Mongolia is a fascinating country. Once the largest empire on the planet, its history and mystery are just two of the reasons why so many visitors flock to this vast country year on year.
Mongolia is a vital part of the Trans-Siberian experience, and many of our rail journeys take in all that’s great about this beautiful destination. If you’re currently looking forward to a winter adventure in Mongolia, let us make the countdown to your departure even more exciting with these thought-provoking facts.
There are 500,000 square kilometres for every person
You may have an inkling that Mongolia is pretty vast, but just how vast will only become apparent once you arrive. Mongolia is five times bigger than Germany, yet its population is only slightly larger than the German city of Dusseldorf.
There are in fact 500,000 square kilometres of land area for every person that lives in Mongolia, making it one of the most sparsely populated countries on the planet after Greenland and the Falkland Islands.
Up to 40% of the population is nomadic
Around 25 to 40% of the Mongolian population is a part of a nomadic community. This way of life is instilled in Mongolian culture, with many individuals taking up the traditional roles of nomadic herders. The country is one of the last in the world to have a high number of nomads among its population.
There are approximately 3 million horses in Mongolia
Horses actually outnumber people in Mongolia, with 3 million horses currently calling the country their home. Horse culture in Mongolia is world-renowned. Nomadic communities rely on horses for a number of things. As a result, they form a staple part of Mongolian life.
Mongolian horses are however more than just a treasured herd animal. Here The Mongolian Experiment reveals more about the relationship between Mongol and horse:
“Mongolians put a huge amount of trust into the abilities of their horses, and that changes the way that they ride… More control is given to the horse than in western riding, and I have read countless accounts of westerners trying to ride a Mongolian horse the way they would ride a western horse, and the Mongolian horses essentially rebel against such heavy-handed attempts at subjugation. Mongolian horses are independent and expect to be allowed to think for themselves and judge what is probably best for the situation at hand.”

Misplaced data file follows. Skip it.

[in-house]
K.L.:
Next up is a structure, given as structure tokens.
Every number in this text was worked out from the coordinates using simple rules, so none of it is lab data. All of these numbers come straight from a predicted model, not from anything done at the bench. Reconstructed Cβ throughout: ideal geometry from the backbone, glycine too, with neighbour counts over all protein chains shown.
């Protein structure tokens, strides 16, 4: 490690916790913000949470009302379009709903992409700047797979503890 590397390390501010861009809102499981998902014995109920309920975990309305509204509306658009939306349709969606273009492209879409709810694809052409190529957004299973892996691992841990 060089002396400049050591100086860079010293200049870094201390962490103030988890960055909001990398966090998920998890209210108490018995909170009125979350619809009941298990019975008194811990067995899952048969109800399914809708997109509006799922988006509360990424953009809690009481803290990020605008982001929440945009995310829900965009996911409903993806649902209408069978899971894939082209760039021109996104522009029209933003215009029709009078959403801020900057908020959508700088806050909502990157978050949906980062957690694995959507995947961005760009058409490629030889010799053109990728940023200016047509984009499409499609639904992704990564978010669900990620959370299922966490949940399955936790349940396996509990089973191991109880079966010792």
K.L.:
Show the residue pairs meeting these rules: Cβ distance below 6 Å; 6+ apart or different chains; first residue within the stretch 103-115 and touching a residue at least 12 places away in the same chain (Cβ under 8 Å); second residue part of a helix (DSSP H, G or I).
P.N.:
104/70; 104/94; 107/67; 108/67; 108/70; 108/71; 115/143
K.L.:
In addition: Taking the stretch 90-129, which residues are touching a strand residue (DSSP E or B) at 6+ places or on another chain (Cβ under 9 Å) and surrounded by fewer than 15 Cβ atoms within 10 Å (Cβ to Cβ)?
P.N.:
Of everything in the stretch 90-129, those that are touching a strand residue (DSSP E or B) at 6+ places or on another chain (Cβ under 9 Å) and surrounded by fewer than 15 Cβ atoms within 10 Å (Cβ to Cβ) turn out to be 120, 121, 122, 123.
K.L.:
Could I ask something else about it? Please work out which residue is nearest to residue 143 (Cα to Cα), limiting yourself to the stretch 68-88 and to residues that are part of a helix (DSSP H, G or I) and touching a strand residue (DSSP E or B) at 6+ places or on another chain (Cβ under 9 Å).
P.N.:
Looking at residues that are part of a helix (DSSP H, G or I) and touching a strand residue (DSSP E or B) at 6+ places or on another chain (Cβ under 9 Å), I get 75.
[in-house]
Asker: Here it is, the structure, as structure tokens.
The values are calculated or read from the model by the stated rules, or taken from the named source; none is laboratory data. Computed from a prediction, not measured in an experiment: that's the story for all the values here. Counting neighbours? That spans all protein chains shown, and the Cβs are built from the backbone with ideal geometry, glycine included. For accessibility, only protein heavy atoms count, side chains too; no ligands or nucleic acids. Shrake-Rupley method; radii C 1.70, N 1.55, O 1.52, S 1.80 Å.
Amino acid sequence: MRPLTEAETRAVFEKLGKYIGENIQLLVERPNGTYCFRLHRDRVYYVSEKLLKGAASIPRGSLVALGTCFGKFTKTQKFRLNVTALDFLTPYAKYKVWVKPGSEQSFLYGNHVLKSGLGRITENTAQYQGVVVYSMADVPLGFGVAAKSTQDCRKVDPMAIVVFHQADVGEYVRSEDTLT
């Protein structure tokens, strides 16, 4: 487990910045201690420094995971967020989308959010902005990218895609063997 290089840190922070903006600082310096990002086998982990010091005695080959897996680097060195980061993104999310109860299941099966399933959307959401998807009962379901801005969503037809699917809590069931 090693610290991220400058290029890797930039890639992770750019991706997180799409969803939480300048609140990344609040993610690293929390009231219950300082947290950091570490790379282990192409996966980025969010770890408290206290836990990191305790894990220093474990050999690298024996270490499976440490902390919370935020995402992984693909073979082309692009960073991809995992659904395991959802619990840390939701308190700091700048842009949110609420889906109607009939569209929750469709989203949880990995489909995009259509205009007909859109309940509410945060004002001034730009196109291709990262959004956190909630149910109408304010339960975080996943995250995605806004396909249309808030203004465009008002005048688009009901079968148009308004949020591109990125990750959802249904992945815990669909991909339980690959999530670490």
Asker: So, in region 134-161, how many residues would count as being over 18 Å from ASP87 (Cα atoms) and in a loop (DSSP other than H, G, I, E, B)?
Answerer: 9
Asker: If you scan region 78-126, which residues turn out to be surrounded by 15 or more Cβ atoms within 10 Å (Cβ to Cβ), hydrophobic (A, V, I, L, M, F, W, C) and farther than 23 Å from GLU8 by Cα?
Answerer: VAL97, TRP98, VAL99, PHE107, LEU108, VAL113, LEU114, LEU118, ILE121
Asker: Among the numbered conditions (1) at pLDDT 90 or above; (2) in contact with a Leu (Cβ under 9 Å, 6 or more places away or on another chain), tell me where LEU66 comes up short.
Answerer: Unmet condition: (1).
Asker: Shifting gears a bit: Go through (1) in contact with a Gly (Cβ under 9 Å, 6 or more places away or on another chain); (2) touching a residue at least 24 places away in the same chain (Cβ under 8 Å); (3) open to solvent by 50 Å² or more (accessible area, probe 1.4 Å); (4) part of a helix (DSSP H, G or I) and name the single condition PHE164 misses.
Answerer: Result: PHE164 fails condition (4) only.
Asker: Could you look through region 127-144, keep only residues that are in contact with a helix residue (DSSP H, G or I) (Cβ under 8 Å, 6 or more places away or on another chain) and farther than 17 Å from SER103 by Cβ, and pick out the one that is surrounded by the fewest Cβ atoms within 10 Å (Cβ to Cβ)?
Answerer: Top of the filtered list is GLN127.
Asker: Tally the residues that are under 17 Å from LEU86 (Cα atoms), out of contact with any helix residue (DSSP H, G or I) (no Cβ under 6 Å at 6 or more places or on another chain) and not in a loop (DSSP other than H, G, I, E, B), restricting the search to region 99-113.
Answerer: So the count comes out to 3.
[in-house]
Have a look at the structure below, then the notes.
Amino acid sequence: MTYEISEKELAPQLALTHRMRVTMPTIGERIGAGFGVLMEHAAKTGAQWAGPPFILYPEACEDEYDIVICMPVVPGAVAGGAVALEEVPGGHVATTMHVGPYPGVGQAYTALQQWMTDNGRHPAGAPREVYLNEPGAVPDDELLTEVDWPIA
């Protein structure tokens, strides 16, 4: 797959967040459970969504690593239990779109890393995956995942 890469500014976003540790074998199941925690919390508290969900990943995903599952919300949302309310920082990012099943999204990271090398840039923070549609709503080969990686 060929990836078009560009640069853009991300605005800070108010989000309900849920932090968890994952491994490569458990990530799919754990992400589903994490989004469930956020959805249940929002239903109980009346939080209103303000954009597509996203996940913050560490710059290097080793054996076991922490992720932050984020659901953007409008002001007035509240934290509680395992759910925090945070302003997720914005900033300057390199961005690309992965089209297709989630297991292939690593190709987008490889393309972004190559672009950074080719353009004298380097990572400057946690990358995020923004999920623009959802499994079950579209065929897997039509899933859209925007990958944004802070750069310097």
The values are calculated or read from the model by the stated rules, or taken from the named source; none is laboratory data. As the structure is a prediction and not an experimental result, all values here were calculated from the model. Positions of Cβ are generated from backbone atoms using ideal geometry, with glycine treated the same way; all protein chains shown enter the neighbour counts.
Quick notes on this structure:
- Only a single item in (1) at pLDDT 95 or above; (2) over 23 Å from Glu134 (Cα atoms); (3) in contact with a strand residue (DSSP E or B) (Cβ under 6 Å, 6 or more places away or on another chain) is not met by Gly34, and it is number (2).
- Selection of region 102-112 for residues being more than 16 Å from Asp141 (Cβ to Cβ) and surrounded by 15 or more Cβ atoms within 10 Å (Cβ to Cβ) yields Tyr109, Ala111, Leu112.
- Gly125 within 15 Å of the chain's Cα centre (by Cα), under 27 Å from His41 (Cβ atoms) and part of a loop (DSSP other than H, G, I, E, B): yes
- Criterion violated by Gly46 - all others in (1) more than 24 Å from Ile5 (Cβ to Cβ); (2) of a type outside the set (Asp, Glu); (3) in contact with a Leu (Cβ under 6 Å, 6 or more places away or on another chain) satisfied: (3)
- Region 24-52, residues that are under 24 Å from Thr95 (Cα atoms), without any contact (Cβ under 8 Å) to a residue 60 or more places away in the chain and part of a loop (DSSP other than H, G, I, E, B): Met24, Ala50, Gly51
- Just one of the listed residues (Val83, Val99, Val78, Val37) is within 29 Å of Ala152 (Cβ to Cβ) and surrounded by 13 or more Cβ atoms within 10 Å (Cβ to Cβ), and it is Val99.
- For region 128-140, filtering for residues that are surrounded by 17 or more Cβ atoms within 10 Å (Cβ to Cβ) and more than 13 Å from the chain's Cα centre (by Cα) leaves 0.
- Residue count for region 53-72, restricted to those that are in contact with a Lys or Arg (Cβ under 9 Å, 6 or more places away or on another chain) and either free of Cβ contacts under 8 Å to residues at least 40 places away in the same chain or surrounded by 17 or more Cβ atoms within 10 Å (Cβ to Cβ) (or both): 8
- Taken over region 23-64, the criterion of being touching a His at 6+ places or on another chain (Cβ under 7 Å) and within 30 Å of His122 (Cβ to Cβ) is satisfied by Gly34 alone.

Horses provide transport, entertainment, and food and drink, with the infamous fermented mare’s milk or airag, a must-try for any visitor.
Mongolia is home to the two-humped camel
Despite its sparse population, Mongolia is a great place to go wildlife watching. The country hosts a diverse collection of species, with the grey wolf, Siberian ibex, snow leopard, and Gobi bear just some of the mammals that are certain to be on your list of animals to see. The Bactrian camel is just one of the endangered species that live in Mongolia.
Unlike its Arabian relative, it has two humps instead of one, and the species is only found in two places, Mongolia and in a small part of China. The population of Bactrian camel is largely domesticated. There are only around 1,400 wild Bactrian camels, making them a particularly rare sight.
You’ll find the world’s oldest national park here
One of the best places to see wildlife in any country is by paying a visit to a national park, and the same is true in Mongolia. You’ll find the oldest national park in the world in Mongolia. Based just a stone’s throw away from Ulaanbaatar, Bogd Khan Ull National Park was founded in 1783, 100 years before Yellowstone National Park in the United States.
As well as its beautiful mountain being of religious significance, Bogd Khan Ull National Park is home to more than 220 species of plant and rare mammals like the red deer, musk deer, Siberian deer, wild boar, and Siberian ibex.